“And we’re now living with the failure of consultants to stand together more forcibly before this reconfiguration was set in stone. On top of that, the events of recent weeks, I feel, have set the provision of the second cath lab back even further, and now the consultants are trying to justify their actions again. And I do feel they have questions to answer on issues that have yet to be put to them sufficiently.”
During our interview, Deputy Deasy was adamant that he wasn’t breaking any perceived silence that’s been particularly alluded to on social media since the general election.
“I’ve been very busy since the election, my office has been very busy, and we’re getting through a lot of work,” he said, stating that he didn’t wish to engage in a discussion about where he has been in recent months. “I have been very busy, doing the work I was elected to do.”
As for the challenging political landscape, John Deasy believes that “Fianna Fáil are preparing for an election, and I’d say we’re talking about the middle of next year”. Reflecting on his own general election vote, which saw him go from 2011 poll-topper to fourth past the post in February, he added: “It was still the second highest vote I ever received. People thought I was safe – I didn’t – and the same thing happened to my Dad during his time.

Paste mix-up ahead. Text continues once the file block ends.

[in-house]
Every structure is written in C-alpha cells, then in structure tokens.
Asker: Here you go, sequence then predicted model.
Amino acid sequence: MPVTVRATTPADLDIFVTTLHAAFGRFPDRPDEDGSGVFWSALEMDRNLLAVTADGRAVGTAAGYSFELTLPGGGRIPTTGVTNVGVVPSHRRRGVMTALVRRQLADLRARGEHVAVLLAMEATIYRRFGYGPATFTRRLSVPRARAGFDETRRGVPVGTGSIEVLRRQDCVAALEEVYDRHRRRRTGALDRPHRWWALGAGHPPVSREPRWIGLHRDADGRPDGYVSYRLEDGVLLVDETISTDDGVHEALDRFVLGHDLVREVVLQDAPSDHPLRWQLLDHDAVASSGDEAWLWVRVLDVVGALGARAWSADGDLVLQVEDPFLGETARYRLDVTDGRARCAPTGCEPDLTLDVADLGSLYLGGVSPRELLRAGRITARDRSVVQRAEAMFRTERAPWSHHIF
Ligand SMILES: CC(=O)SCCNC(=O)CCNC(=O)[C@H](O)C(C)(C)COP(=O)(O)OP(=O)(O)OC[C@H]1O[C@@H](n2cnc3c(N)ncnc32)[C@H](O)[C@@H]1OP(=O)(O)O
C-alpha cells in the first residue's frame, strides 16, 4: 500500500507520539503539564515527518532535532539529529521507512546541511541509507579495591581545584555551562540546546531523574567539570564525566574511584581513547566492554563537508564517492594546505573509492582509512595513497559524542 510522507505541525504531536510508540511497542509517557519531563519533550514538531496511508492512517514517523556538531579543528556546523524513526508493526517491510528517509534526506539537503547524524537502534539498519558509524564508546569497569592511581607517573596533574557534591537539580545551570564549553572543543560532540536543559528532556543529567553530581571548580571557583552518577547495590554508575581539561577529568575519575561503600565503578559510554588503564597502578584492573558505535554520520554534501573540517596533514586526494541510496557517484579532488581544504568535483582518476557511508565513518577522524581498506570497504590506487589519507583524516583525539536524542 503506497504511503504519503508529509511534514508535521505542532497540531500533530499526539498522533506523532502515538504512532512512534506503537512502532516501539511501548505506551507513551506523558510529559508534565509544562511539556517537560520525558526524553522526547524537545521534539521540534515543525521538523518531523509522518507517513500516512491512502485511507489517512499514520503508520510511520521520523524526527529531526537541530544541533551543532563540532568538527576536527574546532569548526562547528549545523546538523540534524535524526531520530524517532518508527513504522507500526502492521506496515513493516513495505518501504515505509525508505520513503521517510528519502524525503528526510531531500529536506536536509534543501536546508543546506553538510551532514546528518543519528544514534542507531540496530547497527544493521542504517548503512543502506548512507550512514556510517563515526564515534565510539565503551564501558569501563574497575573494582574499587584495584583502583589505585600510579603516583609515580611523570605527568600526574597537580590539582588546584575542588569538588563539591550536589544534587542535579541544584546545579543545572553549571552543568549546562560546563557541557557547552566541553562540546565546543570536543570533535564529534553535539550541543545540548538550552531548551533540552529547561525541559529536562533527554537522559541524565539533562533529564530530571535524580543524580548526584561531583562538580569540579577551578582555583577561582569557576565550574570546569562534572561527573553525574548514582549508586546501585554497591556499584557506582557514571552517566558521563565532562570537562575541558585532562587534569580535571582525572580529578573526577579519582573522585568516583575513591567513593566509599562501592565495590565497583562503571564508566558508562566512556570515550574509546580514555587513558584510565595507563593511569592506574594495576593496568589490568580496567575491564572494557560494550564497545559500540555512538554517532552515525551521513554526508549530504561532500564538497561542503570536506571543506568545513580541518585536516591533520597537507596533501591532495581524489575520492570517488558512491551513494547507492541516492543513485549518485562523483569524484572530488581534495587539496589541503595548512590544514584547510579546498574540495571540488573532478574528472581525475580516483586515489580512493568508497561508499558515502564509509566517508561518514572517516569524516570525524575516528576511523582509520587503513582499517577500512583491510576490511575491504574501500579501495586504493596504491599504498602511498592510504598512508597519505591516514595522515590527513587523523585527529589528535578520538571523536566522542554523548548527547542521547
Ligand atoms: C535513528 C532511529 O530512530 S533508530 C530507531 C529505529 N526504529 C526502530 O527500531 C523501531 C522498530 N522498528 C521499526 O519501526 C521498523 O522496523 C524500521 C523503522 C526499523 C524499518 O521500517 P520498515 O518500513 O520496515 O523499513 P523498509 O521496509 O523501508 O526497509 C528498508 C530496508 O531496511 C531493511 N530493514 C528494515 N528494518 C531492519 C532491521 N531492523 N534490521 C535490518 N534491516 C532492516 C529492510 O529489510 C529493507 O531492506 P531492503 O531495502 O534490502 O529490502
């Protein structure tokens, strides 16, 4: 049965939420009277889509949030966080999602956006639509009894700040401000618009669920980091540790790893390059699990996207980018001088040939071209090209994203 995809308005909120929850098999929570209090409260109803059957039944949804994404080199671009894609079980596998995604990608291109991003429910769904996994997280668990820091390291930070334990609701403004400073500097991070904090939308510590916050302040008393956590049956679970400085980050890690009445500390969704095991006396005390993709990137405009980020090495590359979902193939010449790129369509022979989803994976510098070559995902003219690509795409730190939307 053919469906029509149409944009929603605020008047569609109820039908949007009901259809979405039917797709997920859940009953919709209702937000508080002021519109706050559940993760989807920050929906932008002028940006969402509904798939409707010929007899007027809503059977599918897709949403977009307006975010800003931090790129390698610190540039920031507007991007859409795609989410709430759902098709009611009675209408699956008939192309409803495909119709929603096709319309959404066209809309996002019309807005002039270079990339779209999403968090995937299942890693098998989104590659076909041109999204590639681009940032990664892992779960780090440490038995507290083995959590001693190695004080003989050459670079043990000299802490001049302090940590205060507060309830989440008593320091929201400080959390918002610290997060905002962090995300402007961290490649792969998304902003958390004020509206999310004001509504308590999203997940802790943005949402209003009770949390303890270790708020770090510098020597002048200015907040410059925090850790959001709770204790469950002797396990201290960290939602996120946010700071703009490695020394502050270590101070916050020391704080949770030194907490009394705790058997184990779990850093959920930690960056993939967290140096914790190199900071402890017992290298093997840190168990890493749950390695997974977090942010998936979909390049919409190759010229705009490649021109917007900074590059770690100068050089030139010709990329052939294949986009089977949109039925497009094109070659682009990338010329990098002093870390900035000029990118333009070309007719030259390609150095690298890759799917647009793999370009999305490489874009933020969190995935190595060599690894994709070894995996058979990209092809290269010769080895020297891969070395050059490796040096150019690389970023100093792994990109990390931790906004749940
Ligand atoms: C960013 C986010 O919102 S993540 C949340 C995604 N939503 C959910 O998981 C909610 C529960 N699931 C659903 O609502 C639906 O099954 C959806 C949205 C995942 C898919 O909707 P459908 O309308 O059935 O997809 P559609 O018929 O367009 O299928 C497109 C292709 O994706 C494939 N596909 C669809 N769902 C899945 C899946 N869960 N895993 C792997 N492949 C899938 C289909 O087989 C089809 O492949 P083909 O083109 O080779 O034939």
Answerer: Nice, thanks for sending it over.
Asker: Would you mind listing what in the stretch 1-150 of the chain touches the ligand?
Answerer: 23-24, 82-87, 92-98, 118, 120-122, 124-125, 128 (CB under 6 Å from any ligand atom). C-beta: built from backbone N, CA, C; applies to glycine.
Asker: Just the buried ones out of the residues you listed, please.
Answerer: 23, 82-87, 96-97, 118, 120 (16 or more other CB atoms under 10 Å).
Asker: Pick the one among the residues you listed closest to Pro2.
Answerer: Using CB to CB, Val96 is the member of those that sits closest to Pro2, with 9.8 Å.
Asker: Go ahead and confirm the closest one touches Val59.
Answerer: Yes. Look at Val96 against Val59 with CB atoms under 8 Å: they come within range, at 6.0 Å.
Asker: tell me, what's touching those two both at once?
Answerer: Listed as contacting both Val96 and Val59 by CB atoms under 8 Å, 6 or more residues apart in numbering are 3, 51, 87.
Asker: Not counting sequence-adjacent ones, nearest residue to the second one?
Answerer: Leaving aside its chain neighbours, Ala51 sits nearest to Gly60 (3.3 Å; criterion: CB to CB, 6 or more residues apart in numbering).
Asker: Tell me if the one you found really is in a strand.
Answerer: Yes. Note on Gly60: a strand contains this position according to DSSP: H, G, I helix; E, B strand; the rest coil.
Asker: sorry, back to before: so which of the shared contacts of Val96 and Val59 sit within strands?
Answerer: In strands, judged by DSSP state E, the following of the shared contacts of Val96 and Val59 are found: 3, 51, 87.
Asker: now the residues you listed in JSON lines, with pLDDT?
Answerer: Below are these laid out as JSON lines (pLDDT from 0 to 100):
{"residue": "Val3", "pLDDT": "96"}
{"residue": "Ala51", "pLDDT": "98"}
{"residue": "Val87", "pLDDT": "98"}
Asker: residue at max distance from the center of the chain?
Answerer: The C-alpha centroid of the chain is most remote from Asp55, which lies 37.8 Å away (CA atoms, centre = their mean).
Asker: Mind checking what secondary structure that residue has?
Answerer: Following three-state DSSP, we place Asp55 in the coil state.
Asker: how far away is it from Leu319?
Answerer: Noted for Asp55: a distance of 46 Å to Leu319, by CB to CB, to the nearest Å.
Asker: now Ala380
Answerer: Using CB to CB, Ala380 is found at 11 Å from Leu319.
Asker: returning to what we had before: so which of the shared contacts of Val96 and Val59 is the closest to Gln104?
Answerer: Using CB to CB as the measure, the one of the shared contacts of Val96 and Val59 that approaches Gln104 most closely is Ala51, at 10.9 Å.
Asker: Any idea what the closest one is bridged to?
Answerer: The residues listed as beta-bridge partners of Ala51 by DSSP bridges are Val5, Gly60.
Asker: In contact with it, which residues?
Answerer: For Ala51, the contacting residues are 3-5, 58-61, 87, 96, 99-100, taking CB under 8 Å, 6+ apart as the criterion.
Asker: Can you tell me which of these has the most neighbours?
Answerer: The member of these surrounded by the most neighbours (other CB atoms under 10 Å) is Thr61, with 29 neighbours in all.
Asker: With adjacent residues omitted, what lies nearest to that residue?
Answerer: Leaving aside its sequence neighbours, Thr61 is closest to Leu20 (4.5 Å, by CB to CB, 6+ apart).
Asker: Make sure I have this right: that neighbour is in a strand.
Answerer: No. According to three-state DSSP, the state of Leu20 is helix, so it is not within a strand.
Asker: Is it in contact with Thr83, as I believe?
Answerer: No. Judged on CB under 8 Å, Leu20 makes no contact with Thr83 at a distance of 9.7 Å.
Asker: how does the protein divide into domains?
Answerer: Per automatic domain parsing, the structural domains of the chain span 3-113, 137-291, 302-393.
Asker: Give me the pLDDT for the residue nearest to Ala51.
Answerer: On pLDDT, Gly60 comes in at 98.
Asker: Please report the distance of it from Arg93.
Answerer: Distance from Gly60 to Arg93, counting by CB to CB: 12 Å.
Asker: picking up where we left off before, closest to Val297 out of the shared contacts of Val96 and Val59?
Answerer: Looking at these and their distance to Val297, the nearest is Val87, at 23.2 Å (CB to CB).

“Look, once Paddy Power had me at 1/80 for re-election, then how I did, no matter how I ended up doing, was inevitably going to receive some attention. The reality is that people split their Fine Gael vote, and when people feel a candidate is certain to be elected, that kind of thinking can end up proving deadly for any such candidate. Thankfully, in my case, that’s not how it turned out and my vote was actually a good deal better than how a great many people perceived it either on election night or since then.”
As for Waterford Airport, whose long-term viability was one of the topics he raised with most regularity in the previous Dáil, Deputy Deasy believes it’s far from an ‘all is lost’ scenario for management at Killowen.
With sources close to the Airport suggesting that management are quietly pleased with their search for a commercial carrier to replace VLM, Deputy Deasy said it was important to point out that the removal of the latest service was down to VLM, and not the Airport.
“VLM went bankrupt, let’s remind ourselves of that. The route to Luton was actually doing quite well and the management had worked hard to make it successful, and they’d done just that. And I don’t buy the line that the airport’s geography (between Cork and Dublin) means a successful commercial carrier into London can’t make a sustainable go of things out of Waterford. And, of course, key to this, in the long term, is the runway extension. We all know that.”
John Deasy added: “What is disappointing, however, is that funding to the Airport from the Department of Transport, has been made conditional on the delivery of a new carrier. Even when the Airport had had its difficulties when losing previous carriers, the funding was never cut, and that I was something I fought tooth and nail for…
“Waterford Airport is the key infrastructural issue for the city, county and the entire south east region, and I’ve never had any doubt in my mind about that. And we need people to stay focused on this critical economic issue when it comes to the long-term gains that can be made once a new carrier is secured and the runway is extended. And we must not lose sight of that goal.”